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Old 09-15-2004, 02:22 PM   #1
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Oven thermomters...

It seems my oven cooks in faster than the prescribed time on low temperatures and slower on high temperatures. Would an oven themomter be a worthwhile investment, or should I just keep checking the temps with a meat thermometer like I'm doing now?

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Old 09-15-2004, 02:52 PM   #2
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An oven thermometer would definitely be good investment. If there is something wrong with your oven temperature it needs to be fixed or adjusted. Having an oven thermometer would let you know how much your termperature is off up or down. Also, if you can't get your oven fixed or adjusted, at least with the oven thermometer you would always have the correct oven temperature to bake, roast, etc.
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Old 09-15-2004, 04:12 PM   #3
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Hey....

Oven therms are a good thing to have on hand. But also check for "hotspots". set oven rack in the middle set oven to 250-275 put a piece of bread in each corner of oven rack and 1 in the middle, check for browness after 5 mins.
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Old 09-15-2004, 04:14 PM   #4
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Quote:
Originally Posted by PolishedTopaz
Hey....

Oven therms are a good thing to have on hand. But also check for "hotspots". set oven rack in the middle set oven to 250-275 put a piece of bread in each corner of oven rack and 1 in the middle, check for browness after 5 mins.
What a good idea--I never thought of this. I have a suspected hot spot in one back corner that I've been cooking "around," so this will confirm it one way or another.
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Old 09-16-2004, 03:01 PM   #5
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It's an old trick, predates recalibration. LOL, no I'm not that old but I read it years ago.
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Old 09-17-2004, 12:08 PM   #6
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Another solution to hotspots is the use of a baking stone. My oven has a hotspot towards the back, which means things brown more quickly the further they are pushed in. I used to rotate my breads to avoid uneven baking. Now that I bake my breads on a baking stone, no rotation is necessary. I have even seen cookbooks that recommend leaving a baking stone in the oven permanently, as a means of ensuring even baking. This means, even if you were making, say a roast chicken, you would leave the roasting pan on top of the stone. I haven't gone this far, but it is worth considering.

And YES, for God's sake, buy an oven thermometer. My oven runs about 25 degrees hotter than the dial says, and if I hadn't bought a thermometer, I never would have known. Now I don't even need to use the thermometer, as I can make the adjustments manually, but the information was invaluable.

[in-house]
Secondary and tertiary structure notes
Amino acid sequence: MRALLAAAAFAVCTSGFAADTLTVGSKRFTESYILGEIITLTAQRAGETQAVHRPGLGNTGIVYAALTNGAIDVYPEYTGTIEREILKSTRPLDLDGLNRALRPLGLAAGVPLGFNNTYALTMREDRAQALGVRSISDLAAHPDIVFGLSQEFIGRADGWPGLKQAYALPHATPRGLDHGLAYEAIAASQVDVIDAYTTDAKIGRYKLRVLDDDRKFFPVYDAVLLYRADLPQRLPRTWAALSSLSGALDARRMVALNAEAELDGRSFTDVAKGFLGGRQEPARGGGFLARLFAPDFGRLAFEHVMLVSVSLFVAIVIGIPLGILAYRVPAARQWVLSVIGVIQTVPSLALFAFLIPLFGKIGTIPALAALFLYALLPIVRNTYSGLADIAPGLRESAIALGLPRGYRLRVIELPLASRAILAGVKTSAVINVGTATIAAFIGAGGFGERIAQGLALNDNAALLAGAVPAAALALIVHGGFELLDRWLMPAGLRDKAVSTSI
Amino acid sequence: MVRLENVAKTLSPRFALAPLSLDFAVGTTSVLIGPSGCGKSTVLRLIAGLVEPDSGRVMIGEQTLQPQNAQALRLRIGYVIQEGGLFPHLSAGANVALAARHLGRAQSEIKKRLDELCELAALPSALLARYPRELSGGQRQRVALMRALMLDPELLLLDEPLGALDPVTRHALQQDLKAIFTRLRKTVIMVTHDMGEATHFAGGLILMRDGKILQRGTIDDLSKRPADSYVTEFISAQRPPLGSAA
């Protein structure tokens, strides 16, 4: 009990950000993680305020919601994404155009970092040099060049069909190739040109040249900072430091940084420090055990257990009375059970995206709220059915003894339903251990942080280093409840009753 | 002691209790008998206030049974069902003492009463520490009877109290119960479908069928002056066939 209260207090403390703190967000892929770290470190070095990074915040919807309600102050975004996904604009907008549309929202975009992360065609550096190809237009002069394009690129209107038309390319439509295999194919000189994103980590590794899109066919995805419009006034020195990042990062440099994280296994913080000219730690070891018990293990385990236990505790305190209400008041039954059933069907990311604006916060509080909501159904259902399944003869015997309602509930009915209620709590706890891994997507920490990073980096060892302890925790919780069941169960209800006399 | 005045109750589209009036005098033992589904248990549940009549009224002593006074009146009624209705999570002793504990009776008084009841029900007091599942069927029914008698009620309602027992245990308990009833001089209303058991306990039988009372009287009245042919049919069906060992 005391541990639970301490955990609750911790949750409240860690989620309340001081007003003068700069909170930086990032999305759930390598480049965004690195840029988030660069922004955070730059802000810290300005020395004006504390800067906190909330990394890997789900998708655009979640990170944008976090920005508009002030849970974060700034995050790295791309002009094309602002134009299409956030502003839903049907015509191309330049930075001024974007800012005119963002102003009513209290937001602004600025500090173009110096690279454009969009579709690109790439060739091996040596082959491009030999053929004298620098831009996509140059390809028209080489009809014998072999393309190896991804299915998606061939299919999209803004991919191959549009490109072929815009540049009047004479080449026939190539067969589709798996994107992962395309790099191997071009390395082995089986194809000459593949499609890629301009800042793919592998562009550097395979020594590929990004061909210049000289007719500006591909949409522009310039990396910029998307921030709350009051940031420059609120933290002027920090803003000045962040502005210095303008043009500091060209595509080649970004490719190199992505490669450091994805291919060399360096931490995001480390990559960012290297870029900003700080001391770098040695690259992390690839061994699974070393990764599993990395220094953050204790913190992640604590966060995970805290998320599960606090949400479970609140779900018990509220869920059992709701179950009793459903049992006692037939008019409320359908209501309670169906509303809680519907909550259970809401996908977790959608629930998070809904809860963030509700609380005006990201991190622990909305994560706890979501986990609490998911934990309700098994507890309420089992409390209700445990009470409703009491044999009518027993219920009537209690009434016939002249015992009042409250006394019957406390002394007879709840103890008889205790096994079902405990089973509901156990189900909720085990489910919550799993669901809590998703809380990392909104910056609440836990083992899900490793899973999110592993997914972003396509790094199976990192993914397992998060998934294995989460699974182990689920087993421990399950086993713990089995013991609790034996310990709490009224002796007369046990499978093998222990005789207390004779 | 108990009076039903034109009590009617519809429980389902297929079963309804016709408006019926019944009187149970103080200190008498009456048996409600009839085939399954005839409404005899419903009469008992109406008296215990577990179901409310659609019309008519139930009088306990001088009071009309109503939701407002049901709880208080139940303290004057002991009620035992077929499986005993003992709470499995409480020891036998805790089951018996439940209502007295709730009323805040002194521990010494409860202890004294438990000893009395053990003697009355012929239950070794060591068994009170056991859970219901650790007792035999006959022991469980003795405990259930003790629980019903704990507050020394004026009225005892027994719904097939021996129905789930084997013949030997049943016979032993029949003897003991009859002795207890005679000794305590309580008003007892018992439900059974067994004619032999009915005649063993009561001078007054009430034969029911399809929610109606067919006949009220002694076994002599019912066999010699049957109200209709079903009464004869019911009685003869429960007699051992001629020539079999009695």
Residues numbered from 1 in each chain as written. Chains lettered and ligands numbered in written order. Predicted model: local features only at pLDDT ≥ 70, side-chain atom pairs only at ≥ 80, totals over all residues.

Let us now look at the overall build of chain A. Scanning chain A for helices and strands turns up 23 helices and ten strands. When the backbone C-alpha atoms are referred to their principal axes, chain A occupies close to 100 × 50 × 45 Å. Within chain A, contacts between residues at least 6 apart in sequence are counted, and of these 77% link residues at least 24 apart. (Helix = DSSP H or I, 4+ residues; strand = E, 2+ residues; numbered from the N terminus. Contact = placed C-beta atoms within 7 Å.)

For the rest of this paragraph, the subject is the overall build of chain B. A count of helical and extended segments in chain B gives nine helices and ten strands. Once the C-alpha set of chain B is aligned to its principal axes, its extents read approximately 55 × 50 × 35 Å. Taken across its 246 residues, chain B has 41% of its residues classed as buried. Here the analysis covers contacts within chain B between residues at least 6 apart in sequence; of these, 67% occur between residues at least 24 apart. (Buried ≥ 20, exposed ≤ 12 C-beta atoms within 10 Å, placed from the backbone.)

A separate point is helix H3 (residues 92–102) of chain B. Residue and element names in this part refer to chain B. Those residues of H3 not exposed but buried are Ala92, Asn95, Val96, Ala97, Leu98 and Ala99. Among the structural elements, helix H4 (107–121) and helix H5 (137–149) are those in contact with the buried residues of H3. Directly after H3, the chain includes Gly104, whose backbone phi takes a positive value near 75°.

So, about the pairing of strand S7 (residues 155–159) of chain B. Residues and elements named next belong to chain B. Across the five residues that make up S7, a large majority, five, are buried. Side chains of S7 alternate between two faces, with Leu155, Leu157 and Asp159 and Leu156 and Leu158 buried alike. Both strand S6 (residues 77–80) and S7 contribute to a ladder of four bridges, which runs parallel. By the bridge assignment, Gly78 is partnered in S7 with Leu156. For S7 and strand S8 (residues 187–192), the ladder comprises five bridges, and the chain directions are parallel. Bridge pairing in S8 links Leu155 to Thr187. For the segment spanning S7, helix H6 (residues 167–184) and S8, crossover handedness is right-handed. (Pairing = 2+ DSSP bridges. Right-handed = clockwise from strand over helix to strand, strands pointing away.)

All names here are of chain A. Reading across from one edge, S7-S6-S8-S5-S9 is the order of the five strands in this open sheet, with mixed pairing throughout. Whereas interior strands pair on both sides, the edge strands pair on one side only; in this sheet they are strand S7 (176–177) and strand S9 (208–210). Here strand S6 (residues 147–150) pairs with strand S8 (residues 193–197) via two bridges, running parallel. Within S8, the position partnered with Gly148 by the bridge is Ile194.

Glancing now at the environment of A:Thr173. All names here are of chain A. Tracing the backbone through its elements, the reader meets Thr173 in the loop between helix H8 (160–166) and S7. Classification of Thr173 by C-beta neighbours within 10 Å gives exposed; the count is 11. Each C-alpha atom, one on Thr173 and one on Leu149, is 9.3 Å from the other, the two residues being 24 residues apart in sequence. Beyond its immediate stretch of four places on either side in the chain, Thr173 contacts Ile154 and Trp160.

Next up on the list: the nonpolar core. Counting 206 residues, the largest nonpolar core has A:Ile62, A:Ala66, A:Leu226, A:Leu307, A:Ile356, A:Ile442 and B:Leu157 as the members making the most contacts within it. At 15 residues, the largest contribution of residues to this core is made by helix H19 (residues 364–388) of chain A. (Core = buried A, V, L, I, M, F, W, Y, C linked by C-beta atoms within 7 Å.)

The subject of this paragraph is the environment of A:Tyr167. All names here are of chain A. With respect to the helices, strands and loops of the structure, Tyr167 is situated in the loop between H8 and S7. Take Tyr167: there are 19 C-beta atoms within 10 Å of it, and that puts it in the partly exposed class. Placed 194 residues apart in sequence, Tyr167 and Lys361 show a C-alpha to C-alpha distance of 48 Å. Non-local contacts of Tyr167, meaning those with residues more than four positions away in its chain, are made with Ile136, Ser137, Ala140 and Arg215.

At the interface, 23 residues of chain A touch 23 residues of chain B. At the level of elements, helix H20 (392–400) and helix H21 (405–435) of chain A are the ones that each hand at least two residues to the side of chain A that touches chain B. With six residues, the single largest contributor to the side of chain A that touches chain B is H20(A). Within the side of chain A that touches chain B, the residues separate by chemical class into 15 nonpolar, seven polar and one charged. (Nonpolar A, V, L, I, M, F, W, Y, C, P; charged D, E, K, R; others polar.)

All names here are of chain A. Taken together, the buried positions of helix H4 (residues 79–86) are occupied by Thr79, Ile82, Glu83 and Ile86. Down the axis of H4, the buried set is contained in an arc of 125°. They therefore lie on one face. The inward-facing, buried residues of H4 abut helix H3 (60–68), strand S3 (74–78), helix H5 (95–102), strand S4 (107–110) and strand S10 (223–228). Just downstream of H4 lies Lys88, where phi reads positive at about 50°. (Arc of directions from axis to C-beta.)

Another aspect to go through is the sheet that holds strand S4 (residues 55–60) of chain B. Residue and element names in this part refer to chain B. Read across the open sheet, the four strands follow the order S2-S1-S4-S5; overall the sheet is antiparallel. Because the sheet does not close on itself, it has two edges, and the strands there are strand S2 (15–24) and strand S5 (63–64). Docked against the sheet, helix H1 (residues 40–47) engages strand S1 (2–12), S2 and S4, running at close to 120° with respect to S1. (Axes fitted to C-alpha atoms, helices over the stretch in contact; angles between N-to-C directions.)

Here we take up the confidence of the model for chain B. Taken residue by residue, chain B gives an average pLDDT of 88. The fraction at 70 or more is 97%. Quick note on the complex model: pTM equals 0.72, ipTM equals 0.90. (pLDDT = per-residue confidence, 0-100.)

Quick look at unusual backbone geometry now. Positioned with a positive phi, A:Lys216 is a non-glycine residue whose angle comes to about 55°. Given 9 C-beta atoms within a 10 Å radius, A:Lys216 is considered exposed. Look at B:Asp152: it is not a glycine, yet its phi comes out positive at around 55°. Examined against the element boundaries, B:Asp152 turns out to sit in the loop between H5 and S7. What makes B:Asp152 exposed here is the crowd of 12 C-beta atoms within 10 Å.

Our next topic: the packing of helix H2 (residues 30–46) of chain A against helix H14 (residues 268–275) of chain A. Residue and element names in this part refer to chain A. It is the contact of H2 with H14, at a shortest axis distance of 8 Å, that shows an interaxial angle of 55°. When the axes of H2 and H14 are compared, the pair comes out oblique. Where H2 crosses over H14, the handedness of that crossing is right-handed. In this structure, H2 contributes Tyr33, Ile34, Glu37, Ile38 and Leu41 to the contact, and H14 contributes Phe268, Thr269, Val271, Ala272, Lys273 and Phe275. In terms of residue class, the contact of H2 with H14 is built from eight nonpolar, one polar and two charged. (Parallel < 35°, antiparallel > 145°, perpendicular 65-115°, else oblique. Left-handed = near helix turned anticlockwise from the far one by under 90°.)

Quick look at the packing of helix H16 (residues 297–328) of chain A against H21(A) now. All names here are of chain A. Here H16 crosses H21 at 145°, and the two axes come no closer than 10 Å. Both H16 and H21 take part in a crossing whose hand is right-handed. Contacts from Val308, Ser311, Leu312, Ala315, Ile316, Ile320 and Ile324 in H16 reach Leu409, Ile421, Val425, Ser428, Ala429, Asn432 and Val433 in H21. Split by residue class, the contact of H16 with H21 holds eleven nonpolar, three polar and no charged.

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Old 09-17-2004, 12:11 PM   #7
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Ya know what? I have a baking stone in my oven and I keep forgetting to use it.
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Old 09-17-2004, 08:02 PM   #8
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I use a oven thermometer(cost me 5 bucks)and a pizza stone for 8 bucks. Keep the stone in the oven all the time. You will notice a difference when cooking.
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Old 09-18-2004, 08:11 AM   #9
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Quote:
Originally Posted by PolishedTopaz
Hey....

Oven therms are a good thing to have on hand. But also check for "hotspots". set oven rack in the middle set oven to 250-275 put a piece of bread in each corner of oven rack and 1 in the middle, check for browness after 5 mins.
Another good way of testing for hot spots is to cover a cookie sheet in foil and then sprinkle an even layer of sugar. Bake it until the sugar starts to brown. The areas that brown are where the oven is the hottest.
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Old 10-13-2004, 12:02 AM   #10
 
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HMMMM!

You might want to check out your electric oven with a voltmeter, as the grid may be giving you anywhere betwen 195 and 250 volts, which will obviously affect your burners, and on the controller side (likely 24 volts) will make your sensors really wonky

The rest of the posts make good sense...there can and are "hot spots" in both ovens or BBQ's, and you have to learn of these and how to deal with them...

The digital meat probe solves the issue absolutely with meat, but you aren't going to be stabbing cookies or even cakes with it...I have some issues with calibrating the cheapy thermometers with reality, as which do you choose to believe?

You pay several hundred for the stove, and buy a $5 thermometer? That you can't see easily without opening the oven door (lowering the temp 10 degrees at least! when you do?)

It get down to a conundrum of knowing what's done and what needs another 3 minutes, and that issue of "pioneer cooking" of poplar vs birch in the woodstove...
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